In this episode, we see Hazel’s point of view of the same events, with him having the same revelation as Cha-Cha about killing his partner, and likewise discovering that she had orders to assassinate him. He continues to connect with Agnes, even taking up bird watching (which… okay, I love that actually), and decides to run off with her while they still have a little bit of time before the apocalypse. These aren’t terrible character beats, but Cha-Cha comes across as the far less reasonable one because of her ambiguous motivations for going after Hazel. These are also easily the most repetitive moments of the two episodes, and the time spent on these minor characters underlines how unnecessary they have become.
In general, though, the story in this episode works. The character moments, corny though they may be at times, fit the tone of the series and even provide some surprisingly compelling moments. Luther coming to terms with his body and letting loose is nice, and I love how Diego looks like a complete dweeb in his GI Joe outfit. Five makes it all the way to Leonard’s house before collapsing on the floor from a gunshot wound he forgot to tell anyone about, meaning he has to be returned home almost immediately to get bandaged up. Five being a perpetual inconvenience works well for his character, building upon his much-needed character flaws. Klaus trying to get Luther to tie him up before almost immediately abandoning the idea is a cute demonstration of the episode’s divergence. There are also one or two quite clever things the episode does with the redo, like Leonard overhearing Five talking to his siblings about how they need to find Harold Jenkis (Leonard’s actual name), which is what prompts him to take Vanya out of town. On a nerd level, I’m delighted by how this changes the timeline while not resolving the problem at hand; Five is there to help stop the apocalypse, but by being there, he also helps to further it along, albeit in a different way.
Part Two: Um. One of the Main Characters Just Died. Are We Not Going to Address…? I Guess Not.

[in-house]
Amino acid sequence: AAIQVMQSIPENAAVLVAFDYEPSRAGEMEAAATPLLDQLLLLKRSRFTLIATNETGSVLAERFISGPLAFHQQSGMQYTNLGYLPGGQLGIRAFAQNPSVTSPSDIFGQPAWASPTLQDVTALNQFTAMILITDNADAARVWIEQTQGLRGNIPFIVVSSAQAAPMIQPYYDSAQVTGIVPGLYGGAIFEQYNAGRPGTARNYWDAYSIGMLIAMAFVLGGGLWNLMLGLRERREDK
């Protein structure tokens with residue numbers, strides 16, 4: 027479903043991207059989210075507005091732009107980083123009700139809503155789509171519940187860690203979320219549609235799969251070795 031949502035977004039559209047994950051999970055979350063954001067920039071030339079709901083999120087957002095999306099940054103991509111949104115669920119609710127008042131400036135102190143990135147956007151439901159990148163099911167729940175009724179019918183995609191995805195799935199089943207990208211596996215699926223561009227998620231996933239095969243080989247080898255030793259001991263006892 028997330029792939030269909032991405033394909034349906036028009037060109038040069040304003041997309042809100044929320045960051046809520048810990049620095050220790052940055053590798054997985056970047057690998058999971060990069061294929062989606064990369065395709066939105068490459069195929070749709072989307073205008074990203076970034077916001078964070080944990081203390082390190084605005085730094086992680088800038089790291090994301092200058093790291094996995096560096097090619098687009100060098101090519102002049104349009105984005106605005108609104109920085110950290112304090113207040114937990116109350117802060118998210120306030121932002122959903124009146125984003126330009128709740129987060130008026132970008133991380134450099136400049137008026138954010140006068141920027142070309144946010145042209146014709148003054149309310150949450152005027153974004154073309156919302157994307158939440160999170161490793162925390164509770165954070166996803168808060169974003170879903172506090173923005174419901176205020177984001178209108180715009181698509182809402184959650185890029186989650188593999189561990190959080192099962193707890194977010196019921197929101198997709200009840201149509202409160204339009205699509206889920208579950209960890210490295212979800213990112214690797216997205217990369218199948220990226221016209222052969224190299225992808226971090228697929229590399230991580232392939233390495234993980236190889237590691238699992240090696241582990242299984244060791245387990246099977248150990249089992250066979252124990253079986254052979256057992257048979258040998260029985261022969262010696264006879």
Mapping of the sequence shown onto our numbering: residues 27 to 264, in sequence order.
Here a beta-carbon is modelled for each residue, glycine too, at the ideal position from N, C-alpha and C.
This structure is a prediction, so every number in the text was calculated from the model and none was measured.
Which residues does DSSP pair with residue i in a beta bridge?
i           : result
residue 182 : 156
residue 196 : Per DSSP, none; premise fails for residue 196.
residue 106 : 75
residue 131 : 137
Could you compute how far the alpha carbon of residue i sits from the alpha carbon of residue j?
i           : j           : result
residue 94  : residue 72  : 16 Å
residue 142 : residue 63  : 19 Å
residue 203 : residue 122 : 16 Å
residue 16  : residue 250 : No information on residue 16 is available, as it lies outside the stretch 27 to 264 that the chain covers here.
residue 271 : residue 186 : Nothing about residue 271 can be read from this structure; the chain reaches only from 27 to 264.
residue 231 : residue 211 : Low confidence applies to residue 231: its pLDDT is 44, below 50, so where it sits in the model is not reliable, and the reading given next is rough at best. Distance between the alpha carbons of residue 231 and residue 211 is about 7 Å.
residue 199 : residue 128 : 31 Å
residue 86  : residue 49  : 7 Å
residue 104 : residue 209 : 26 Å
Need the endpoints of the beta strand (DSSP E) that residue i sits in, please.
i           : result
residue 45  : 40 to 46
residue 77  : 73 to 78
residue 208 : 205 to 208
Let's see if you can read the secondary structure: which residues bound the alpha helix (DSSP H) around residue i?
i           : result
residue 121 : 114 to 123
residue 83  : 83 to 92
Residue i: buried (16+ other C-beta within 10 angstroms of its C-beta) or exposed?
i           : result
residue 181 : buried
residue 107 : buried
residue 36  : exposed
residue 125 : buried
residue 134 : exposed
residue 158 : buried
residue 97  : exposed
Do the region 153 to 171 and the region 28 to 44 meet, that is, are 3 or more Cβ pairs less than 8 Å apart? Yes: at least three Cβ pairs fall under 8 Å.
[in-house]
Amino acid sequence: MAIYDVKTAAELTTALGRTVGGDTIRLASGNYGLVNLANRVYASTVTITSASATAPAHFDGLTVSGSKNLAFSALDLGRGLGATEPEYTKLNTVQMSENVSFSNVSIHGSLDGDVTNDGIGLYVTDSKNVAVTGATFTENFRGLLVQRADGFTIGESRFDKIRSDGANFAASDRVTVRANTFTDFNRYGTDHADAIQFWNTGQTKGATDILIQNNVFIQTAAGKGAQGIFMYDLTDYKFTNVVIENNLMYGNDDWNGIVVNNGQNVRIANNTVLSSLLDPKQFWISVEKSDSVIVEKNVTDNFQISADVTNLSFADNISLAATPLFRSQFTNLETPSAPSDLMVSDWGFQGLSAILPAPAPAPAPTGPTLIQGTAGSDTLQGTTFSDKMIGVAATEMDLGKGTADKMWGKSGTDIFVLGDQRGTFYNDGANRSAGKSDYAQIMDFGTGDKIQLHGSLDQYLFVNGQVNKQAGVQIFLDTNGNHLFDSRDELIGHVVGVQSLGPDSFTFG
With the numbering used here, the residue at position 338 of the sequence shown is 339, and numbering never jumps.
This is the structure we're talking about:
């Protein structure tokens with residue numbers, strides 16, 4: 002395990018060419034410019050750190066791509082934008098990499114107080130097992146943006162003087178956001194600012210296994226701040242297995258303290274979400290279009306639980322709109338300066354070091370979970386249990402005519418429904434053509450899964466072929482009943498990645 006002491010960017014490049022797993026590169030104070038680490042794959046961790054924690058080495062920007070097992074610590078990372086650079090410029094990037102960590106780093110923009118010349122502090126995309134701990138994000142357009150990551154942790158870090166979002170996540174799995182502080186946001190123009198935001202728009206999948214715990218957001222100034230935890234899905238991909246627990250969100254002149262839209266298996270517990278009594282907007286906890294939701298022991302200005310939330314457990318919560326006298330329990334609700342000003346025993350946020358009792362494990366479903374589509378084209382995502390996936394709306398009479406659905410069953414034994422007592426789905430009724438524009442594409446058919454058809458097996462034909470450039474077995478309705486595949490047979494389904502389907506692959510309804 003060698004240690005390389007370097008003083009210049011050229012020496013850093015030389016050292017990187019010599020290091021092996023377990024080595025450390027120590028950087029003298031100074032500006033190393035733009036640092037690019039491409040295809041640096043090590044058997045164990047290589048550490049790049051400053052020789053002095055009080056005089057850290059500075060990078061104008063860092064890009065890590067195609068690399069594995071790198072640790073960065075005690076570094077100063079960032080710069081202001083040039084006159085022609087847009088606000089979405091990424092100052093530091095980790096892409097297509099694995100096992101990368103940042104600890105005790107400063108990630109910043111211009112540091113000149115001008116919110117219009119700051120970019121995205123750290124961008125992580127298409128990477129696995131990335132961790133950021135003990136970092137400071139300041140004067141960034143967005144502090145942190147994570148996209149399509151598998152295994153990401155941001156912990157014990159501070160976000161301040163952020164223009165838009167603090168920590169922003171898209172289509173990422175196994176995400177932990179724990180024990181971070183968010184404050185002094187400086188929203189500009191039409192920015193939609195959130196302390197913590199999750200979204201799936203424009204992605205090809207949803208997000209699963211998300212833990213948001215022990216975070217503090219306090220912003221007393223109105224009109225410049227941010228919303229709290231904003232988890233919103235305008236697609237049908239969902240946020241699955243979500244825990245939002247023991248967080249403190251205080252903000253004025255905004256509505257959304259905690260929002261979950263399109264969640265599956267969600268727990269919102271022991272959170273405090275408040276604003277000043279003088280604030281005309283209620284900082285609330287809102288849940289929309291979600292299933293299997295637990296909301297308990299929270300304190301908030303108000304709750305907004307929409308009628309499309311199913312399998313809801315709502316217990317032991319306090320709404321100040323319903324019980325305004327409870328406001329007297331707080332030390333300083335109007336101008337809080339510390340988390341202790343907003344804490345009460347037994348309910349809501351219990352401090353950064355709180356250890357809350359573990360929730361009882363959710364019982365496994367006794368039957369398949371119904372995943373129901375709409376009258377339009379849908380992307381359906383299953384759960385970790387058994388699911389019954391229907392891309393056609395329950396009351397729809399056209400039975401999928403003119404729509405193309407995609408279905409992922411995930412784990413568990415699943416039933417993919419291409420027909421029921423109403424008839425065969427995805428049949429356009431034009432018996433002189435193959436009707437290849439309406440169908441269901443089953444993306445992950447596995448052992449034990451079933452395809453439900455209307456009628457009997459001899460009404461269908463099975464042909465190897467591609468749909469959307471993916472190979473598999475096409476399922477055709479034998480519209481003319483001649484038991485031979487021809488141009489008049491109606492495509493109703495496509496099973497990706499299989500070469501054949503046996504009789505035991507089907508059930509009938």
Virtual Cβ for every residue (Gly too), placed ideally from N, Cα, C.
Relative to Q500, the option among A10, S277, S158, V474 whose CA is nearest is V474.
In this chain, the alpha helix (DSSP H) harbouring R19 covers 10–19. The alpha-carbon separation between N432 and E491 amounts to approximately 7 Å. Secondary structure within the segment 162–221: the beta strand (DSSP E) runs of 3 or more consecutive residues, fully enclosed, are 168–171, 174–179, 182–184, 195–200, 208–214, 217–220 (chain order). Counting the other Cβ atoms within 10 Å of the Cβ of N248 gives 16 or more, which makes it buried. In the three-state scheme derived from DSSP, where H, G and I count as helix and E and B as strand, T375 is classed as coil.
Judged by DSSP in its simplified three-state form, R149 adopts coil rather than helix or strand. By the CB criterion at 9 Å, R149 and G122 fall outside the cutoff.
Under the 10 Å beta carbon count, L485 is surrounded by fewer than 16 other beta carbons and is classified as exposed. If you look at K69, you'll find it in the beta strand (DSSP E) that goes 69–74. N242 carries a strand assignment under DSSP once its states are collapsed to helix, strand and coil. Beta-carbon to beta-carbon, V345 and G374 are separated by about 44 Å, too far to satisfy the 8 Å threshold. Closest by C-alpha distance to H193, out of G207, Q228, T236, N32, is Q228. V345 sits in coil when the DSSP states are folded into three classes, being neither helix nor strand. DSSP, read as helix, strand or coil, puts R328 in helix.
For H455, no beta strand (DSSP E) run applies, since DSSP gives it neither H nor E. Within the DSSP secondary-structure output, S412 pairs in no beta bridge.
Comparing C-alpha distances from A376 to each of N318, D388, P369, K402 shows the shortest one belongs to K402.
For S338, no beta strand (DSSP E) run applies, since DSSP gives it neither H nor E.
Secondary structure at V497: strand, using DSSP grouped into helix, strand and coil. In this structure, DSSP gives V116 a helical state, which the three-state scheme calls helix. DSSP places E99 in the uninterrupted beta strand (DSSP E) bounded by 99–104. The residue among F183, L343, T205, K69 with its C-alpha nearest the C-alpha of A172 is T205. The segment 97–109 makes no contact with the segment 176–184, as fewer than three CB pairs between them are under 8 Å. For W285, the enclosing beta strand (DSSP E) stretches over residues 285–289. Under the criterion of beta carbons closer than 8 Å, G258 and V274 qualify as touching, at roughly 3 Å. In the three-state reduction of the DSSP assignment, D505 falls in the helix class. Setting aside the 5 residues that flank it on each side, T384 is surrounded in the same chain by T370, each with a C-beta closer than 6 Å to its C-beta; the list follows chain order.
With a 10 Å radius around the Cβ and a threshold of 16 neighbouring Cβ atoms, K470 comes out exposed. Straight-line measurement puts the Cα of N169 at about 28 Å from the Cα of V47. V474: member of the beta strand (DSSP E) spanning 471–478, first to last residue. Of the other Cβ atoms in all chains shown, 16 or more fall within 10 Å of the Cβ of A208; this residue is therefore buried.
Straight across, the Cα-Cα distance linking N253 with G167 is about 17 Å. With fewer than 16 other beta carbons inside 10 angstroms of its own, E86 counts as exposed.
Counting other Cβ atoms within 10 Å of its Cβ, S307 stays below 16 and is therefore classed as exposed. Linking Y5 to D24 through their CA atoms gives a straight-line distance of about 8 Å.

Poor me, I have to talk about Klaus again. To those who are thinking, “Hat has gone off about this one character for, like, a third of these reviews,” if it’s any consolation, this time I’m mostly here to complain.
First, we need to talk about drugs. Now, my personal experience with drugs is limited, but I’m something of an aficionado of drug-related subplots in films and television. Kind of. I find drug addiction to be an interesting subject because it crosses paths with a lot of other deep subjects: socioeconomics, law enforcement, medical practices, capitalism, general life experiences, stigmatization of medical disorders, near-death experiences, crime and criminal enterprises, and a variety of cultural practices. Drugs make compelling narratives, regardless of the angle they’re approached from, and they’re common enough that most people have at least some familiarity with the effects of drugs or their consequences. Like, maybe you’ve never been on a cocaine bender yourself, but you know people who smoke, drink, are addicted to opioids, or have some sort of more personal association with these materials. Drugs are relevant, and because of their unique properties (mainly their allure combined with the potential dangers they pose), they slot nicely into a lot of stories. Even those that aren’t specifically about drugs.